Friday, April 19, 2013

Decimal and Money Task Cards: Common Core Aligned for Grades 4 and 5

My fourth graders have just finished up their unit on decimals and money and as a treat for the day before spring break, I made them a set of task cards all about decimals and money.  They had a great time!

We played the scoot version of this game where the task cards are set out around the room and kids move around the room in any order they choose and complete each task card.  They don't have to go in order and the task cards are not laid out around the room in order.  (I have tried doing it in order and it creates a mess because kids work at such different paces!) For my very early finishers, I have a few blank task cards and I hand them one of these and have them create a task for their peers.  They also have to show me that they know the answer!  This helps to assure it is a task at a doable level for the kids in the group.

When more than a few students finish, I start pairing kids up with other kids who are done.  They then get to have a "math talk."  What that means is that they go over their answer together and on any where they disagree, they go back and find that task card and solve the problem together.  They do this until they agree on all of their answers.  Occasionally, I will need to step in and help them with a problem that they can't come to an agreement on, but it is pretty rare.  I also created an answer key so I can quickly check students work as they finish their math talk.

 The papers of 2 of my students involved in a math talk

I love task card days because kids get such great independent practice and they think they are doing something really fun!  All the kids were very engaged, even though today is our last day before spring break!

Here are a few other ways I use task cards
- Track math: When the weather is nice, I love to head outside with kids and use our one eight mile gravel track for math.  Check out this post for more information.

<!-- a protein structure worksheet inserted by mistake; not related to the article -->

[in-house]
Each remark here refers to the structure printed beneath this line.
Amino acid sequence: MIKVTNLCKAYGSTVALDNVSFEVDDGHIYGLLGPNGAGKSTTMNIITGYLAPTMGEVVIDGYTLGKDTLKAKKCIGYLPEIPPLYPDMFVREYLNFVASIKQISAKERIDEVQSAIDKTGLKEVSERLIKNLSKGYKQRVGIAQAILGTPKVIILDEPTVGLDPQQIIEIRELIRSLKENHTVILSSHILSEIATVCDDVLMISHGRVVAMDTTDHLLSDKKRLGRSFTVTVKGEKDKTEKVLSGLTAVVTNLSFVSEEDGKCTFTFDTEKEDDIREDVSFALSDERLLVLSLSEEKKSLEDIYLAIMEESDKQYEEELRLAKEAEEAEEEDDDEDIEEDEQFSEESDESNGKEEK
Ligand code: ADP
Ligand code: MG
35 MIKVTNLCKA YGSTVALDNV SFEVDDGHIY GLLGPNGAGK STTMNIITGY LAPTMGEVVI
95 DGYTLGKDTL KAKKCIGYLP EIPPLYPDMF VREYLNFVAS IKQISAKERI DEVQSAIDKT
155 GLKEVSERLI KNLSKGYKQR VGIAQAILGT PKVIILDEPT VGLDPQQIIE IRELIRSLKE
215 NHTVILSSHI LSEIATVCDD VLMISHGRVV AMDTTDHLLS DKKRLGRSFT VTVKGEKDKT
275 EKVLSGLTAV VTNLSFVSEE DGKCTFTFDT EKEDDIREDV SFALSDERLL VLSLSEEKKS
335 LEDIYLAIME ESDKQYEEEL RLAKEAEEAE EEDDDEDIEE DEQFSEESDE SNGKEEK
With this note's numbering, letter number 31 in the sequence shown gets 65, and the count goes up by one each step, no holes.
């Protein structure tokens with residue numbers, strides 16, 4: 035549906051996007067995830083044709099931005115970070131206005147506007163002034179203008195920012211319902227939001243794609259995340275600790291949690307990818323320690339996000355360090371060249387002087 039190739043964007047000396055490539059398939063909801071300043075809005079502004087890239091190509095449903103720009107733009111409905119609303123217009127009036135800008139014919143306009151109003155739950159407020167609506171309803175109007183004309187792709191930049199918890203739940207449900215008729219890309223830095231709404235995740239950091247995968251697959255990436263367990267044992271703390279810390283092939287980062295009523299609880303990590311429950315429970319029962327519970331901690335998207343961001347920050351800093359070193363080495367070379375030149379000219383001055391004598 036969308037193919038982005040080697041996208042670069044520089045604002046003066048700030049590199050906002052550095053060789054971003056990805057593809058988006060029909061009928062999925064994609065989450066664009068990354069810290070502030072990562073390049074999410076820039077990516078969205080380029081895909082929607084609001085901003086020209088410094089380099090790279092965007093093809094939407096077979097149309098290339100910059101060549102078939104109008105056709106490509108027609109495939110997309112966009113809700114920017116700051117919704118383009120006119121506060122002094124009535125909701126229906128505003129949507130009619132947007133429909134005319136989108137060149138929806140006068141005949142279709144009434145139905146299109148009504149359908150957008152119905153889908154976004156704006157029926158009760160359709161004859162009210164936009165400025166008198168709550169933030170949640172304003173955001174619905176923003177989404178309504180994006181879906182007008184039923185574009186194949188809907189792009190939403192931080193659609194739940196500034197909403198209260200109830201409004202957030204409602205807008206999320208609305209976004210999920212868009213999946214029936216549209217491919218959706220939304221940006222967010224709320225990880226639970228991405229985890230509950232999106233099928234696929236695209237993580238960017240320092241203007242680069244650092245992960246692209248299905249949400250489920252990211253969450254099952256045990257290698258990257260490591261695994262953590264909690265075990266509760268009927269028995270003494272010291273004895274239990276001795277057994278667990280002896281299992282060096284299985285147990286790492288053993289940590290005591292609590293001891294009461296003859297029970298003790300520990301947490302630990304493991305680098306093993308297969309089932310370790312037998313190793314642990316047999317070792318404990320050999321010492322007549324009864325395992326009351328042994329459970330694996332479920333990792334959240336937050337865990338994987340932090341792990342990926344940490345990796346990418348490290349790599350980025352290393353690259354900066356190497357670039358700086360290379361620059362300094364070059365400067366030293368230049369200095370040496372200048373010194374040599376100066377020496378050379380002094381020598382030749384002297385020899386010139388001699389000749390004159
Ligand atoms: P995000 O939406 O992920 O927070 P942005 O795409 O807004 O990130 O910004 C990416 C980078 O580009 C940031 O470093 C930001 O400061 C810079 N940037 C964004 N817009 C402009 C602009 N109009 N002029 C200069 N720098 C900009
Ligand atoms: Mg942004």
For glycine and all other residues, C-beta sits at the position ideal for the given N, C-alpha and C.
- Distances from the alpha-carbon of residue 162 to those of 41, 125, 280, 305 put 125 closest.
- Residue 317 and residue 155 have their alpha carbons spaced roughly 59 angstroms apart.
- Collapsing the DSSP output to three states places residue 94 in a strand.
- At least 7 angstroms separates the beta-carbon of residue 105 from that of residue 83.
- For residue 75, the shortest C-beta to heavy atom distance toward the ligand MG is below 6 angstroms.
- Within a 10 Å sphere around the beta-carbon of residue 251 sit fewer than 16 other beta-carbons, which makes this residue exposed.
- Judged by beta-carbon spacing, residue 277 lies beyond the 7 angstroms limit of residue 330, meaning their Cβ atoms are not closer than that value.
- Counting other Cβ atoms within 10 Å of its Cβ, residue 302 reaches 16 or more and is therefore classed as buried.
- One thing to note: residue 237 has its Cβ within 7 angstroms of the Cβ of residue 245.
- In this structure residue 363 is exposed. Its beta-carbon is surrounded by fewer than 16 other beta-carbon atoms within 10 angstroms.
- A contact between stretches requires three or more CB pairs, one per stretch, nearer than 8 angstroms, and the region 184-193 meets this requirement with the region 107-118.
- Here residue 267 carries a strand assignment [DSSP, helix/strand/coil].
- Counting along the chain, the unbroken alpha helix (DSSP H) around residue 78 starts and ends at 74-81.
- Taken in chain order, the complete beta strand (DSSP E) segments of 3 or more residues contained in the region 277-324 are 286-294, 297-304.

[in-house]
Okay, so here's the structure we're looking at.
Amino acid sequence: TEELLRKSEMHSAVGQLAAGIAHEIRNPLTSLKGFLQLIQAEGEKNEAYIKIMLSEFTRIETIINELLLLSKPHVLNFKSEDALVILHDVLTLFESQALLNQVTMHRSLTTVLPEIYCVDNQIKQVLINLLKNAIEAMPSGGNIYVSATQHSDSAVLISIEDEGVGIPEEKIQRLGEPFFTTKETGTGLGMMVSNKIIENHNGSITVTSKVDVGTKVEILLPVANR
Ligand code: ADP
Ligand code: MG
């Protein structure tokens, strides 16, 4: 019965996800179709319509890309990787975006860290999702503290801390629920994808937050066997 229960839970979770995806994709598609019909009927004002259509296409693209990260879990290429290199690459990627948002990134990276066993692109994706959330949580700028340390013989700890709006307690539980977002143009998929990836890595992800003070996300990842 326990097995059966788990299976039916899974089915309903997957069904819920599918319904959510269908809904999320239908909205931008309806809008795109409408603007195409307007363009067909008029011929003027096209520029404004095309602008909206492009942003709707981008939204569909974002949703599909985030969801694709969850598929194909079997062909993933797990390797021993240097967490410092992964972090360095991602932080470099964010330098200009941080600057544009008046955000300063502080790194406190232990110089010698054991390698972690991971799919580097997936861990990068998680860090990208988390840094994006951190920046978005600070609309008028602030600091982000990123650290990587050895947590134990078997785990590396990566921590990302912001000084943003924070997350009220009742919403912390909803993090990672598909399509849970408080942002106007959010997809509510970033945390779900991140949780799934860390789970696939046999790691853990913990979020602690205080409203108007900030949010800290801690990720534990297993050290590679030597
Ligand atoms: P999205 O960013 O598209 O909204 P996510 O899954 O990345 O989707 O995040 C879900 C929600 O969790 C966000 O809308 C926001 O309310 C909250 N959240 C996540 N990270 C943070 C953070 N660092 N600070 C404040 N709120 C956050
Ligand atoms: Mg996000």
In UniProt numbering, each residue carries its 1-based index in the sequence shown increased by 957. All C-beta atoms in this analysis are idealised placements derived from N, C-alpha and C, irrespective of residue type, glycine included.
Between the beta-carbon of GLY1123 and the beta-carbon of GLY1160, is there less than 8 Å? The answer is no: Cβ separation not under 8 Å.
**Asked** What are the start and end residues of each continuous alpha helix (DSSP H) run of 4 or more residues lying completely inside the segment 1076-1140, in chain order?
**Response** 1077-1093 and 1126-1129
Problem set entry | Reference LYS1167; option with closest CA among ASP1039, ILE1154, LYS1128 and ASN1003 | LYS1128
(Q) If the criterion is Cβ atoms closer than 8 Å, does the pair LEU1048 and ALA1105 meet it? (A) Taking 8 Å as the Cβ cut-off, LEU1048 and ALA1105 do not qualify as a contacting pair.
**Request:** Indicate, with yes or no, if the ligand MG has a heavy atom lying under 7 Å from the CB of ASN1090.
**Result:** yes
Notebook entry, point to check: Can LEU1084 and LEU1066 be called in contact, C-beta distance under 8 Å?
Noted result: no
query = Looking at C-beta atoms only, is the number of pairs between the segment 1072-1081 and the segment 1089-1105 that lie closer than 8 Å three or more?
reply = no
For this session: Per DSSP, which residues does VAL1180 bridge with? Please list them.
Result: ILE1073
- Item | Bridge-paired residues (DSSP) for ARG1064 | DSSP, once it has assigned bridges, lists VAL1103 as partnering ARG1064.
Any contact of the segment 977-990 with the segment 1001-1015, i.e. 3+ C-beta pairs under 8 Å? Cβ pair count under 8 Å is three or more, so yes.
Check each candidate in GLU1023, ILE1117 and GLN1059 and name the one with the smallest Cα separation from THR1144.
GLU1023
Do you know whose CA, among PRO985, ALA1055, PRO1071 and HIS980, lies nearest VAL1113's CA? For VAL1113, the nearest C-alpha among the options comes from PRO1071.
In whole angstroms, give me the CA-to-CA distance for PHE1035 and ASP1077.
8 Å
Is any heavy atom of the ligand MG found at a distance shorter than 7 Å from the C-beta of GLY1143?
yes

- Warm-ups or transitions.  Put one of these task cards under your document camera and students can solve it as they are getting settled down for math class
- Formative assessment: Give one, two or more of these task cards to students to see how well they understood the concepts in your lesson.  This is a quick way to check in with kids and one of my favorite formative assessment strategies.
- Print and give for homework.  You can print one page at a time and give for homework as you move through your unit or send the whole pack at once with a longer due date.
- Review/games/test prep: These are a fun way to review for local and state assessments

 Blank task cards for early finishers.  Having some of these on hands gives your early finishers something to do and kids LOVE creating things for their classmates!

These task cards are available in my Teachers Pay Teachers store.  Click here to go check them out!

1. I like that there is time for the math talk between students. Thanks for this idea on how to use task cards.

1. Hi Krislinn,
Thanks for the comment! Let me know how to contact you and I will send you these task cards

2. I love this idea of MathTalk among the students. It is really a great activity for students to learn from each other through collaboration. The activity demonstrates the 80/20 rule of slowing students to do 80% of the work and teacher completes 20% of the work.

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2. Hi Rhonda
Math talk is so powerful! I love the 80/20 rule. Let me know how to contact you and I will send you a set of these task cards

3. Love this idea!

4. Thanks Danielle!

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6. I just started having students check their work against one another. It is interesting to hear them try to convince their partner they are right! Just found your blog today. Does the offer for the task cards still stand? :) Can't wait to read more!

1. Hi Jenny,
So glad you dropped by! The offer for task cards still stands! What I can't figure out is how to get them to you without having you post your email for the world to see. I don't want you getting tons of spam but want you to have the task cards! If anyone can help me out with how to do this, I would appreciate it!

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9. I can't tell you've had five comments for the free cards or not, but I'd love them if you haven't given away the free sets! I just found your blog tonight and I'm so excited about it!

10. Fantastic idea! I'm going to adapt them for 3rd grade. I also really like the scoot idea -can be used in many subjects. :)

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12. I do friendly competitions with task cards. Usually I have the kiddos pair up with one of their pre-arranged "clock buddies". Then they get to work. Each pair checks in with me once they complete a card. If correct, they move up a ladder that I draw on the board. It's a "race" to see who can get all cards finished or get the highest during the alloted times. We use magnets to track how far up they go. Great data and I can redirect or offer help as needed. When they do work alone, I record data for each problem. And they always ask me when we are doing task cards again!! :)